The European Parliament will demand more oversight of the EU’s research and innovation programmes – currently being brought together in the new Horizon 2020 programme - by requiring key figures from the European Commission, and relevant agencies and committees to give regular progress reports in Parliament.
“It is necessary to follow Horizon 2020 throughout its seven year lifespan, not only during the mid-term evaluations,” Teresa Riera Madurell MEP (S&D) who is in charge of guiding the main Horizon 2020 proposal through Parliament, told Science|Business. At present there are no formal subpoena powers, and MEPs want to table an amendment to the Commission’s proposal for Horizon 2020 to boost democratic oversight by obliging officials to appear before the Parliament.
Madurell, who sits on the Research, Industry and Energy (ITRE) committee, explains how in the mid-term review of Framework Programme 7, and in the run up to its successor, Horizon 2020, she has heard many stakeholders in Parliament, but says “Now we want something more systematic.”
Phillippe Lamberts MEP (Greens) – one of two MEPs on the ITRE committee in charge of steering European Institute of Innovation and Technology (EIT)-related legislation through parliament as Horizon 2020 rapporteur - told Science|Business that Parliament will demand the Director of the EIT appears before Parliament once a year. This should be, “The example of a more structured oversight of the research and innovation policy of the EU. I think we should have those kinds of meetings with all major players of the programme.”
According to Lamberts, Parliament is considering setting up a sub-group of MEPs from the ITRE and the Education committee that “would take as its mission to hear – on a regular basis - the key stakeholders from the Commission but also from agencies who run the programmes.”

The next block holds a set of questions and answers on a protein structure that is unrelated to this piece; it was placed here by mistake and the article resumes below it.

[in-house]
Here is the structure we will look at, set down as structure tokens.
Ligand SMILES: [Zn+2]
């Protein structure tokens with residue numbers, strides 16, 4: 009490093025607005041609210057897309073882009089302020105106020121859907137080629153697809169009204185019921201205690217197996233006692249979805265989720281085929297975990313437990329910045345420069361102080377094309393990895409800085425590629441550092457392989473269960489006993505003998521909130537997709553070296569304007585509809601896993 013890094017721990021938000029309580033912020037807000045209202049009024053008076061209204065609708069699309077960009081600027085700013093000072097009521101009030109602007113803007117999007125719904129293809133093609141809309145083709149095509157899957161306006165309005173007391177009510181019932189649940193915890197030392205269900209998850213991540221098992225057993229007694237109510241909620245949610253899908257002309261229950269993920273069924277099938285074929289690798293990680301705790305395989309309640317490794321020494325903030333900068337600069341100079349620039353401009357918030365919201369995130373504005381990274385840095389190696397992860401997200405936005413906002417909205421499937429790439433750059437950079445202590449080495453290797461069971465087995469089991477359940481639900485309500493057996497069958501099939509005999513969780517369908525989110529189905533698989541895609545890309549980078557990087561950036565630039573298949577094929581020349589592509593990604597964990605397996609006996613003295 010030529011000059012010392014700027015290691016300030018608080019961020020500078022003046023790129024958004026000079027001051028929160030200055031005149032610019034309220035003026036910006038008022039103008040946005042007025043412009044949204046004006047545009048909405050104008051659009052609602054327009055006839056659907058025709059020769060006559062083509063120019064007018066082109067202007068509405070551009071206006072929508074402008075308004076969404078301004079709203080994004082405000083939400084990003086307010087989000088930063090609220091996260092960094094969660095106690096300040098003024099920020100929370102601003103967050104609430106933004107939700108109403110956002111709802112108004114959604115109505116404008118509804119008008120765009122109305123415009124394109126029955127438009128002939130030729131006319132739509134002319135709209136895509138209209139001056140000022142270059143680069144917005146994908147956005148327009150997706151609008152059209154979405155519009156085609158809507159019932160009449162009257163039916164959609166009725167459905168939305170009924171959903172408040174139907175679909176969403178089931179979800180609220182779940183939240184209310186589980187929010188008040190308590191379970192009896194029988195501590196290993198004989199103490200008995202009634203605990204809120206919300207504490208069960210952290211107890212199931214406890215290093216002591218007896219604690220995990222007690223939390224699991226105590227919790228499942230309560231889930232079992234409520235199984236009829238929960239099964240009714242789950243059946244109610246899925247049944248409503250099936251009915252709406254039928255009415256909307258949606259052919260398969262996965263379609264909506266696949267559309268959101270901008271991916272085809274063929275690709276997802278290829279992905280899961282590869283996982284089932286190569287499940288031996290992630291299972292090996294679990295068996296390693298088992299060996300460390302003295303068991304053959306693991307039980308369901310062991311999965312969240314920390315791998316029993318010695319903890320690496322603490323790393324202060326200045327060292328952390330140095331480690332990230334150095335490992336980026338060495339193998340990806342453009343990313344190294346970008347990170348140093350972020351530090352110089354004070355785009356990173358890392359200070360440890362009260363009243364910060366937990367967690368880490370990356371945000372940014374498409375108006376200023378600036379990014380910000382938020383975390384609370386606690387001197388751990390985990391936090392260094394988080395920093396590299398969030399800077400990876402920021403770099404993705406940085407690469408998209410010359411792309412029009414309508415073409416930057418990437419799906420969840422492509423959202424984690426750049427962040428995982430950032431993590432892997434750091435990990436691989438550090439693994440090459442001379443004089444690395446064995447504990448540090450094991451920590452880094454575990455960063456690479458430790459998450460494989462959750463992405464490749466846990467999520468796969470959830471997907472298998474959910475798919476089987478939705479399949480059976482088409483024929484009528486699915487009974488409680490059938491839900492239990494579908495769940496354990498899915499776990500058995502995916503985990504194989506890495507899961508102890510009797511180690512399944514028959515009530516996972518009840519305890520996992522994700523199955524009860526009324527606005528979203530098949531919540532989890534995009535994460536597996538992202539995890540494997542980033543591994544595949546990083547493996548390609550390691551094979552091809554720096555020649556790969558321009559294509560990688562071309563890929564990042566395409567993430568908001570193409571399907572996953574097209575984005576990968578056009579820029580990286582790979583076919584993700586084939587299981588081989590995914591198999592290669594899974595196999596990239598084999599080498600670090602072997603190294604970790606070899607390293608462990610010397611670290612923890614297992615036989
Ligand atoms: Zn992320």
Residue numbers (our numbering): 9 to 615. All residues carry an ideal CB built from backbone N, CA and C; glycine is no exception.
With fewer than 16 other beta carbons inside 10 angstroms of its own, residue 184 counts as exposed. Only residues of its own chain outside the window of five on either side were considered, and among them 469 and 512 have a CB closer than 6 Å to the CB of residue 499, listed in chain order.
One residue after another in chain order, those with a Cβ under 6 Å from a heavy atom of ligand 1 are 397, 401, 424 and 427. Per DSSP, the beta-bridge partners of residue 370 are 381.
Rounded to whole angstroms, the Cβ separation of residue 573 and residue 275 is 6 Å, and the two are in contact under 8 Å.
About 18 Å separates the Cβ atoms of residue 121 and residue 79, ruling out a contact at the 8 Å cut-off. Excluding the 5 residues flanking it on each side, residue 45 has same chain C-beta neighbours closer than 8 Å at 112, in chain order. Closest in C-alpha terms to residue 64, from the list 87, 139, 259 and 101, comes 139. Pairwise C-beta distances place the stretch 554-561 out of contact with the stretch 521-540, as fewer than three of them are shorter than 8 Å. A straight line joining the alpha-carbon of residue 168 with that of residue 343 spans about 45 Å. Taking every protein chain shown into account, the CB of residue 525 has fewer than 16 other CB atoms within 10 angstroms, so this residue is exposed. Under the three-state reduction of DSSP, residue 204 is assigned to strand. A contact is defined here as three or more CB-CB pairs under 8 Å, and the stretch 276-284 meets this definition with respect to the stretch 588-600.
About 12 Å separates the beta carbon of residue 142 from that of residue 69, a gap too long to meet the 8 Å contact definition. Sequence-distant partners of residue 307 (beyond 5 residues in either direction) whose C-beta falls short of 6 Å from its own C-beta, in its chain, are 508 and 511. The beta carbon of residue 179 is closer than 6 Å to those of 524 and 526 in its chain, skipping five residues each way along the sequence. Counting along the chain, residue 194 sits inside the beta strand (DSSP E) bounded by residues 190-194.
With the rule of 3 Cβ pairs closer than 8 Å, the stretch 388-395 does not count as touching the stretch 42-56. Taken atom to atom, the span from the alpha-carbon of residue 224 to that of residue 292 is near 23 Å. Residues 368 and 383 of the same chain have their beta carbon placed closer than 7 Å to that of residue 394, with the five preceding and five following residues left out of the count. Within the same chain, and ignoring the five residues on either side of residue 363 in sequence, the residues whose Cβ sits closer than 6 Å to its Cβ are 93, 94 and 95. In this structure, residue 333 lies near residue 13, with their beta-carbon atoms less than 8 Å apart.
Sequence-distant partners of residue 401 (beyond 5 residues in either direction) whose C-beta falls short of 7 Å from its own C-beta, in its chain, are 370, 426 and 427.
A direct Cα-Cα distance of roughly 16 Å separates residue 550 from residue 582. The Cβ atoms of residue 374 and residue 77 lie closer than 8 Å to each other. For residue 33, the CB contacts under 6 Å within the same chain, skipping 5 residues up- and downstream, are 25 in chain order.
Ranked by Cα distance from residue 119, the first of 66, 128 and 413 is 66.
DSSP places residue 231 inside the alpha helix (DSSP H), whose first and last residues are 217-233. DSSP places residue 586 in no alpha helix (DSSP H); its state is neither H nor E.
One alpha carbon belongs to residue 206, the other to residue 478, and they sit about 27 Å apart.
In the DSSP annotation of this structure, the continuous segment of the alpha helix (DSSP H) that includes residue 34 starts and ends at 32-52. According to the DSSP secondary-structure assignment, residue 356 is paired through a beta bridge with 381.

Lamberts, who is also a member of the Economic and Monetary Affairs committee, points out that R&D programmes are running behind on democratic oversight compared to other policy areas, “Every quarter, we discuss with the European Central Bank president, and we have very regular exchanges with the Economics Commissioner and the head of the European Investment Bank. And that’s natural - that is part of the normal dialogue that allows the committee to perform.”
Lamberts points out that the current situation – seven year plans with a one-time mid-term evaluation, which he calls a “rather superficial exercise” – stimulates last minute lobbying by stakeholders in the programmes to convince Parliament of their value, saying, “If they convince MEPs along the way that they have a good programme, it will a piece of cake for them to be prolonged.”
Relations between Parliament and Member States are going through a rough patch, with Member States trying to undermine Parliament’s new co-legislative powers on several occasions recently. The latest row is about a backroom deal in which European heads of state deleted three clauses from the proposed EU single patent law, leading a defiant Parliament to refuse to vote on the proposal.
In another major blow to the Member States, Parliament struck down the international Anti-Counterfeiting Trade Agreement (ACTA) on 4 July, saying the text was too vague, and the intended benefits of the agreement “are far outweighed by the potential threats to civil liberties. (…) the European Parliament cannot guarantee adequate protection for citizens' rights in the future under ACTA.”
The call for more say on Horizon 2020 comes at a time when the European Parliament – as the EU’s only directly-elected body - is gaining in influence, following the increased legislative powers and full control over the EU budget granted to the representatives by the Lisbon Treaty in 2009.